Paramount Emerges Victorious in Top Gun Copyright Lawsuit

The Legend of Top Gun

Hitting the big screens in 1986, Top Gun became a watershed film in the annals of Hollywood. Star Tom Cruise was catapulted into superstardom and Tony Scott affirmed his status as a go-to director for captivating action sequences. Val Kilmer etched himself into viewers’ memories with his performance. Power-producer tandem Jerry Bruckheimer and Don Simpson secured their position in Hollywood’s big leagues.

Top Gun’s Road to Franchise Success

Paramount Pictures, the studio behind this remarkable film, marked a defining success. Nonetheless, it wasn’t until the year 2022 that Top Gun transformed into a bona fide franchise. The sequel, Top Gun: Maverick, finally made its much-awaited debut, reaping enormous success at the box office after meticulous planning and sagacious development. Intriguingly, the journey of Top Gun from concept to silver screen didn’t commence with a screenplay, but a voracious deep dive into a California Magazine article published back in May 1983.

From Article to Film

Penned by renowned journalist Ehud Yonay, the riveting article, “Top Guns,” laid the scaffolding for the cinematic masterpiece. However, sparks of contention arose when Yonay’s family, represented by Shosh and Yuval Yonay, sued for alleged copyright infringement. They contended that pivotal elements of the film were directly lifted from the article, thereby playing a crucial role in the film’s meteoric rise to fame.

Court’s Verdict: Lawsuit Leaves Ground

Despite the defendants’ accusations, U.S. District Judge Percy Anderson decided to dismiss the case. Notably, the film’s plot, theme, setting, and dialogue were distinctly varied from the original article, according the judge’s findings. Also, the overlapping factual similarities between the article and the film, such as the characteristic setting of an air combat school, fell outside the ambit of copyright protection.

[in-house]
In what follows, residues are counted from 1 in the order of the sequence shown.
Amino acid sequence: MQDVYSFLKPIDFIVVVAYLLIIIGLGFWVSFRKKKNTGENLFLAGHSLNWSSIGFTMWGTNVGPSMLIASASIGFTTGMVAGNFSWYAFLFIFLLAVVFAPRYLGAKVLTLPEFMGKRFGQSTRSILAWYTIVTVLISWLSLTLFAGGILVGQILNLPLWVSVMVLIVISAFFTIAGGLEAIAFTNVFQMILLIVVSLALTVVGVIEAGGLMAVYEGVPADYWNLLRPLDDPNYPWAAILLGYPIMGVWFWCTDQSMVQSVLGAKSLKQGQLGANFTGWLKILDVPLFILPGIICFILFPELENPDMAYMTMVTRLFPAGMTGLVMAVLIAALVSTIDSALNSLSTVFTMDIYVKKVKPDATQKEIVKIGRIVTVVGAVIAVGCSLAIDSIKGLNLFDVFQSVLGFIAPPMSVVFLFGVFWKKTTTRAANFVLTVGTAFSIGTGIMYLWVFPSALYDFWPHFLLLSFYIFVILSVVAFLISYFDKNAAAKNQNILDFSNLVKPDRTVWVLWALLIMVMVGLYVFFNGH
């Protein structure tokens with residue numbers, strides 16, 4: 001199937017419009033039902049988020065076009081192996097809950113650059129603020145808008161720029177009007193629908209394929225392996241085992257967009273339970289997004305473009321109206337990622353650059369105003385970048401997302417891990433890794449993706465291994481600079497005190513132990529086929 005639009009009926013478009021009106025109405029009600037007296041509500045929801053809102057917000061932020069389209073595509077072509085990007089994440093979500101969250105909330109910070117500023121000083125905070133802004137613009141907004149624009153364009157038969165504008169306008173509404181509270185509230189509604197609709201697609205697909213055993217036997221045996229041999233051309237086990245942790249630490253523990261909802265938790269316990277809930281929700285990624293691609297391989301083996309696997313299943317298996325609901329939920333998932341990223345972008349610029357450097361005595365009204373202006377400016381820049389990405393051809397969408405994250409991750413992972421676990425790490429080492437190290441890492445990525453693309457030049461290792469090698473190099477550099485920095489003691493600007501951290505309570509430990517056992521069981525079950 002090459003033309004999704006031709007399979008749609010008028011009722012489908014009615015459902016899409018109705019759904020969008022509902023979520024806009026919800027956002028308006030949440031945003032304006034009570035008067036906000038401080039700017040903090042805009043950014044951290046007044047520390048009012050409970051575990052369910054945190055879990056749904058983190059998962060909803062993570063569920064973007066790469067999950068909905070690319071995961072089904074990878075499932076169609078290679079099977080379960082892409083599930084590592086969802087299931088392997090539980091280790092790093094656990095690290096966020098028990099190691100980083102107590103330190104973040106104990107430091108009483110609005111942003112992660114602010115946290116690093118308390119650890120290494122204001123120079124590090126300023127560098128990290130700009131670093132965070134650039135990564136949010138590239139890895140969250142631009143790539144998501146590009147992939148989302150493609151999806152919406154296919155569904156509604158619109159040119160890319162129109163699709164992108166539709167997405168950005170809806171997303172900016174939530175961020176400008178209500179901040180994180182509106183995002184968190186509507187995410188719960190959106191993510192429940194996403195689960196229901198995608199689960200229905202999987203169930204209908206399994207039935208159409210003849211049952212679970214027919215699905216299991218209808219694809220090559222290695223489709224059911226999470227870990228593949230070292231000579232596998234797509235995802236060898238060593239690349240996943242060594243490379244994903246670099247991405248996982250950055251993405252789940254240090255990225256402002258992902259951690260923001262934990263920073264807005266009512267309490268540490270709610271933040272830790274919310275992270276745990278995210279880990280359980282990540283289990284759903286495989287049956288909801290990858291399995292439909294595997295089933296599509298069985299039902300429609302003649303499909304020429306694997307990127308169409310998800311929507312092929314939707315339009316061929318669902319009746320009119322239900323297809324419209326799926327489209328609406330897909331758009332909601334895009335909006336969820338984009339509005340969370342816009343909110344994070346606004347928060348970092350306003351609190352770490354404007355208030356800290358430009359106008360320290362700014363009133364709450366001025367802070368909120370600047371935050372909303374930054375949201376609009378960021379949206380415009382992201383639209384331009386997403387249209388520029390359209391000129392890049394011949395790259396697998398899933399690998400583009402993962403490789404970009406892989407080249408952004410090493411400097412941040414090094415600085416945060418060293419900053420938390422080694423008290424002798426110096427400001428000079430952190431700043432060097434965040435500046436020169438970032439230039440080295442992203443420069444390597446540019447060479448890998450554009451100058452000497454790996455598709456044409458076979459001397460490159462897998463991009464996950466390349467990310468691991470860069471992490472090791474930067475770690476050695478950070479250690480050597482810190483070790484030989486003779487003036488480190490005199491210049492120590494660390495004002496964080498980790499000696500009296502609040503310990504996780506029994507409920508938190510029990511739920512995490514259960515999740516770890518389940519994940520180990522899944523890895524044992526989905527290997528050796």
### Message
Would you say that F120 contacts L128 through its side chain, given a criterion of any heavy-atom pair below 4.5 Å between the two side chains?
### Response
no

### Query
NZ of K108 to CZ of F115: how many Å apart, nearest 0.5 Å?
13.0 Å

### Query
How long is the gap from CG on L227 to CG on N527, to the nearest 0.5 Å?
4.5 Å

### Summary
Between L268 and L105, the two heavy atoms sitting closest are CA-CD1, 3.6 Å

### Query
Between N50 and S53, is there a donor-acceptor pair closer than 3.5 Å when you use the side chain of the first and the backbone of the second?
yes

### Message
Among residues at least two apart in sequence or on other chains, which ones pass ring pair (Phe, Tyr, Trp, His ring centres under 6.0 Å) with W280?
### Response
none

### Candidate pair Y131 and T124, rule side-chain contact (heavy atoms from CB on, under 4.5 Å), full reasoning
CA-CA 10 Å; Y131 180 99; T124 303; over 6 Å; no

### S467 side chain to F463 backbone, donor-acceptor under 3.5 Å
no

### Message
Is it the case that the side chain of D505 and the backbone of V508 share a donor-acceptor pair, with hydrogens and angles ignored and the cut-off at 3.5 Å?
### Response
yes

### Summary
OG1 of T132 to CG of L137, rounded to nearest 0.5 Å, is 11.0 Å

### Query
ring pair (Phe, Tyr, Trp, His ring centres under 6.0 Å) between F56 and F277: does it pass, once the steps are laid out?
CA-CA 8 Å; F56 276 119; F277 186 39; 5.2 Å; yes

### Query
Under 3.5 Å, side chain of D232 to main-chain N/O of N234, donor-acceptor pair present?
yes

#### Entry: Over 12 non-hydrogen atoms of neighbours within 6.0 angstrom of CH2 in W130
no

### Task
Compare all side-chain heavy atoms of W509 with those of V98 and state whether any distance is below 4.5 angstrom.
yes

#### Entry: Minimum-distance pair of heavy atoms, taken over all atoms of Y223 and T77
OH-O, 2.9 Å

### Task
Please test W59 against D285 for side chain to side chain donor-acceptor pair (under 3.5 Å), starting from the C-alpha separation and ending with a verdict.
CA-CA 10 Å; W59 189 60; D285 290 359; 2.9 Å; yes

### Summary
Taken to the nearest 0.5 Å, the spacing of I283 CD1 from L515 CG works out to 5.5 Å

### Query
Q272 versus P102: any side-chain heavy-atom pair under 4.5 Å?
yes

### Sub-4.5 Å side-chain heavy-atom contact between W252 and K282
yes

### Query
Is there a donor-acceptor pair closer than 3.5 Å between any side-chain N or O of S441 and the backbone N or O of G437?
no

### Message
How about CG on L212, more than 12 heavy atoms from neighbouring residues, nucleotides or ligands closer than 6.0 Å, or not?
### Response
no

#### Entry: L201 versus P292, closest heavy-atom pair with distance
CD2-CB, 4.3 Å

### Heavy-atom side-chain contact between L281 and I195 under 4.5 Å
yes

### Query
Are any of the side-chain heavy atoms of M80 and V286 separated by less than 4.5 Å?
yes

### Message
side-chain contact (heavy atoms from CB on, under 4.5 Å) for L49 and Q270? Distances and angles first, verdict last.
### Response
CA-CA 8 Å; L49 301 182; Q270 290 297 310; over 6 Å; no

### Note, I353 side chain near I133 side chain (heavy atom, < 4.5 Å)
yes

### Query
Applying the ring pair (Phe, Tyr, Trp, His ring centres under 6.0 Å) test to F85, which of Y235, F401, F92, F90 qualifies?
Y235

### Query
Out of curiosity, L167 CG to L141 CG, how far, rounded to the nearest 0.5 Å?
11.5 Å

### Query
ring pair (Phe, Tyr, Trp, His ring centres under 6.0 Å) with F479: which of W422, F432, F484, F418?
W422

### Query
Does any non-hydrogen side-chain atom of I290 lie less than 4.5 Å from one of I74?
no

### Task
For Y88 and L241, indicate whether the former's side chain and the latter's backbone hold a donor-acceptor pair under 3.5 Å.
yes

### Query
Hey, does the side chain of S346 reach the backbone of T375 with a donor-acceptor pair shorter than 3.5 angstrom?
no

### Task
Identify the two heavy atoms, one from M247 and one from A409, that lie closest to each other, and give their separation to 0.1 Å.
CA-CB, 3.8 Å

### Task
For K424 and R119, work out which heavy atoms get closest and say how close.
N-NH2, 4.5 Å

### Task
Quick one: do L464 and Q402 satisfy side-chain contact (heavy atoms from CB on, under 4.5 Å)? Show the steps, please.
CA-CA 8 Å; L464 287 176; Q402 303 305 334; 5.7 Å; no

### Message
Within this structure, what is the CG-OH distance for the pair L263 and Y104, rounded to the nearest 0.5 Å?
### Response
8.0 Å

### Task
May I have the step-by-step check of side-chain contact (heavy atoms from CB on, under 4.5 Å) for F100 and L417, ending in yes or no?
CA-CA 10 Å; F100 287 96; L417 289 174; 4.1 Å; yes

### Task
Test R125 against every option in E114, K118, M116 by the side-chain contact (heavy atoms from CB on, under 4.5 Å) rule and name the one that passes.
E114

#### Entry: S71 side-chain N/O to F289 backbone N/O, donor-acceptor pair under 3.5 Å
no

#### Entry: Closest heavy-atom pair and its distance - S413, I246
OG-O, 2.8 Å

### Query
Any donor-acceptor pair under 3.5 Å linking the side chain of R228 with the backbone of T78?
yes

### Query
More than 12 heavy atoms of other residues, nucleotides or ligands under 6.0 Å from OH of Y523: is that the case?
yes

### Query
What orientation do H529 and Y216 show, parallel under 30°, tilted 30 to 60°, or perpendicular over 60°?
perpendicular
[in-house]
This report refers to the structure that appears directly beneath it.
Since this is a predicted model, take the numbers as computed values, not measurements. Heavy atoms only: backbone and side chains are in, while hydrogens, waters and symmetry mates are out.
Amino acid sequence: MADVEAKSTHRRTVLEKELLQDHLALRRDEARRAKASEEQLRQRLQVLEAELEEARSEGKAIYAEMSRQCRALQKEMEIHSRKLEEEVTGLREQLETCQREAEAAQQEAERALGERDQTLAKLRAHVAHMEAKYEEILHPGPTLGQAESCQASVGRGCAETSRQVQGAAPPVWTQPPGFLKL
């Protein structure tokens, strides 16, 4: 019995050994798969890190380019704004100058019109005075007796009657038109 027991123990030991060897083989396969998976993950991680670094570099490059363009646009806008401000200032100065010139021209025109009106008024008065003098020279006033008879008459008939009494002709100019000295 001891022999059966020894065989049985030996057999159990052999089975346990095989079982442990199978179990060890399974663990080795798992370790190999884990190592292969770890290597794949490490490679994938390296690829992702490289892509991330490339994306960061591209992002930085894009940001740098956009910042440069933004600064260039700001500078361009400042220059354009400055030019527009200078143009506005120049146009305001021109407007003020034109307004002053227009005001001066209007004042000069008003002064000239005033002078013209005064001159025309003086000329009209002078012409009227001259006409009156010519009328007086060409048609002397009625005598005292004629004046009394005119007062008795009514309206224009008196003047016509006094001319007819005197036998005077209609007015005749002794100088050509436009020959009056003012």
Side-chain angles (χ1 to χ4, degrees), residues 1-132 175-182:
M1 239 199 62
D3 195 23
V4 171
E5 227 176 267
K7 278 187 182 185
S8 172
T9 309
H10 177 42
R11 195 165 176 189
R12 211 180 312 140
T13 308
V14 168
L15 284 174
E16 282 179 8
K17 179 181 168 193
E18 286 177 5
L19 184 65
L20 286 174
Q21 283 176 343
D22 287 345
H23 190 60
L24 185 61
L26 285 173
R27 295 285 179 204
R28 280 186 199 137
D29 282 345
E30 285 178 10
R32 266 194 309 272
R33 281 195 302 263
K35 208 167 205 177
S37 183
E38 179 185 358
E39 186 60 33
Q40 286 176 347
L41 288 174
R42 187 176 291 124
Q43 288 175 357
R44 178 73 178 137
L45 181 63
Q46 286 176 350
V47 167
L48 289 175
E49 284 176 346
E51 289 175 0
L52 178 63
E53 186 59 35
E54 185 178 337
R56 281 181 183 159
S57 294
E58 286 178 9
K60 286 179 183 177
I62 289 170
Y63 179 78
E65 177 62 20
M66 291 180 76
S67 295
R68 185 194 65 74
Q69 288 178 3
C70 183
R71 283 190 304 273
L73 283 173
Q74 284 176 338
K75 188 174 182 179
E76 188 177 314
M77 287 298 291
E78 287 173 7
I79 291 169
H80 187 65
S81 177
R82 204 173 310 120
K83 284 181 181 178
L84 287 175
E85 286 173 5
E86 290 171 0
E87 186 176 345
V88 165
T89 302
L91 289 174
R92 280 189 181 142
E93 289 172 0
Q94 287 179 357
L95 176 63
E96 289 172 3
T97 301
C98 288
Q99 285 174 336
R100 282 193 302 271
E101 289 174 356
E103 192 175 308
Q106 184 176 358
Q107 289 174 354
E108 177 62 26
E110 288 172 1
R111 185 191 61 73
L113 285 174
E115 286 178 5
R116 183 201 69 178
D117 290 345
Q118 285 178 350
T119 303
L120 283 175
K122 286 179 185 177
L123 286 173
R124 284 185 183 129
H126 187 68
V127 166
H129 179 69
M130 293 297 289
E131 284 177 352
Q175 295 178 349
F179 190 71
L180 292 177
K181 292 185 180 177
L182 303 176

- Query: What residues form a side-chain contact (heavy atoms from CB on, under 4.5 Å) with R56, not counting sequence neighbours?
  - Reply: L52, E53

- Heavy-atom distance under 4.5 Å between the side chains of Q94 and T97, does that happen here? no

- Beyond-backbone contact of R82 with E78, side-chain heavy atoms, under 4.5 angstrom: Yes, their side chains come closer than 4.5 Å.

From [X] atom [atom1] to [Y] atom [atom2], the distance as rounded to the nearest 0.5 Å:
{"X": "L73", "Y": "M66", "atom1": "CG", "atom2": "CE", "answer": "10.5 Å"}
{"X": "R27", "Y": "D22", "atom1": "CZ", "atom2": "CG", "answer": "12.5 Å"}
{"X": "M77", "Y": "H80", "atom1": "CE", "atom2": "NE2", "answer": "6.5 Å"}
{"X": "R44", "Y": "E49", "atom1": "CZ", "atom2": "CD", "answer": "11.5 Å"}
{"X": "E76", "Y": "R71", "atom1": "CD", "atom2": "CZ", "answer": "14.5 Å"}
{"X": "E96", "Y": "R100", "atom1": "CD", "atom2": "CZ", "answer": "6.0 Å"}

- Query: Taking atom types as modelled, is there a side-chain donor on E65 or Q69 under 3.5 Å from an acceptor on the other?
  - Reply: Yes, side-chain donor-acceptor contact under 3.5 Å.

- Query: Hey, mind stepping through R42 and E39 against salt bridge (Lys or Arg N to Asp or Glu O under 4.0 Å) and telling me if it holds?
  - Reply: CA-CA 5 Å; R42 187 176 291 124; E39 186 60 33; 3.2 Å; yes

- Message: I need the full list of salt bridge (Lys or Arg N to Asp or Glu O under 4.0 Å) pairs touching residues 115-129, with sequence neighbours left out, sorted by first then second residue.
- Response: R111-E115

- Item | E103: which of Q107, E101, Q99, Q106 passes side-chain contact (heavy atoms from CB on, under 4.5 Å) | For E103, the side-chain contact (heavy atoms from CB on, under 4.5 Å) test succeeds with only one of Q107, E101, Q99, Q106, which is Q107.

The judge’s order further clarified that the supposed copyright infringements were in fact “unprotectable factual similarities.” Real-life aspects, like Top Gun being an actual fighter pilot school, or real people like Yogi and Possum mentioned in the article, fall outside the reach of copyright law.

The Aftermath: Paramount Basks, Plaintiffs Plan Appeal

Despite the court’s ruling, the Yonay family asserted its plans to appeal the decision. The family’s attorney, Marc Toberoff underlined that Ehud Yonay’s widow and son had exercised their rights to claim what they believed was Yonay’s intellectual property. Paramount, according to Toberoff, disregarded their rights leading him to state, “It’s not a good look.”

In conclusion, the danger appears to have abated for Paramount for the time being following their victory in the Top Gun copyright lawsuit. However, with an impending appeal from the plaintiffs, it seems the franchise’s legal journey remains up in the air.

In the history and lore of Hollywood, Top Gun has etched a significant position with its influence and success. The recent copyright battle surrounding the movie adds an intriguing twist to its illustrious narrative. As we move forward, it will be interesting to see how this legal saga unfolds in the near future surrounding the beloved franchise.


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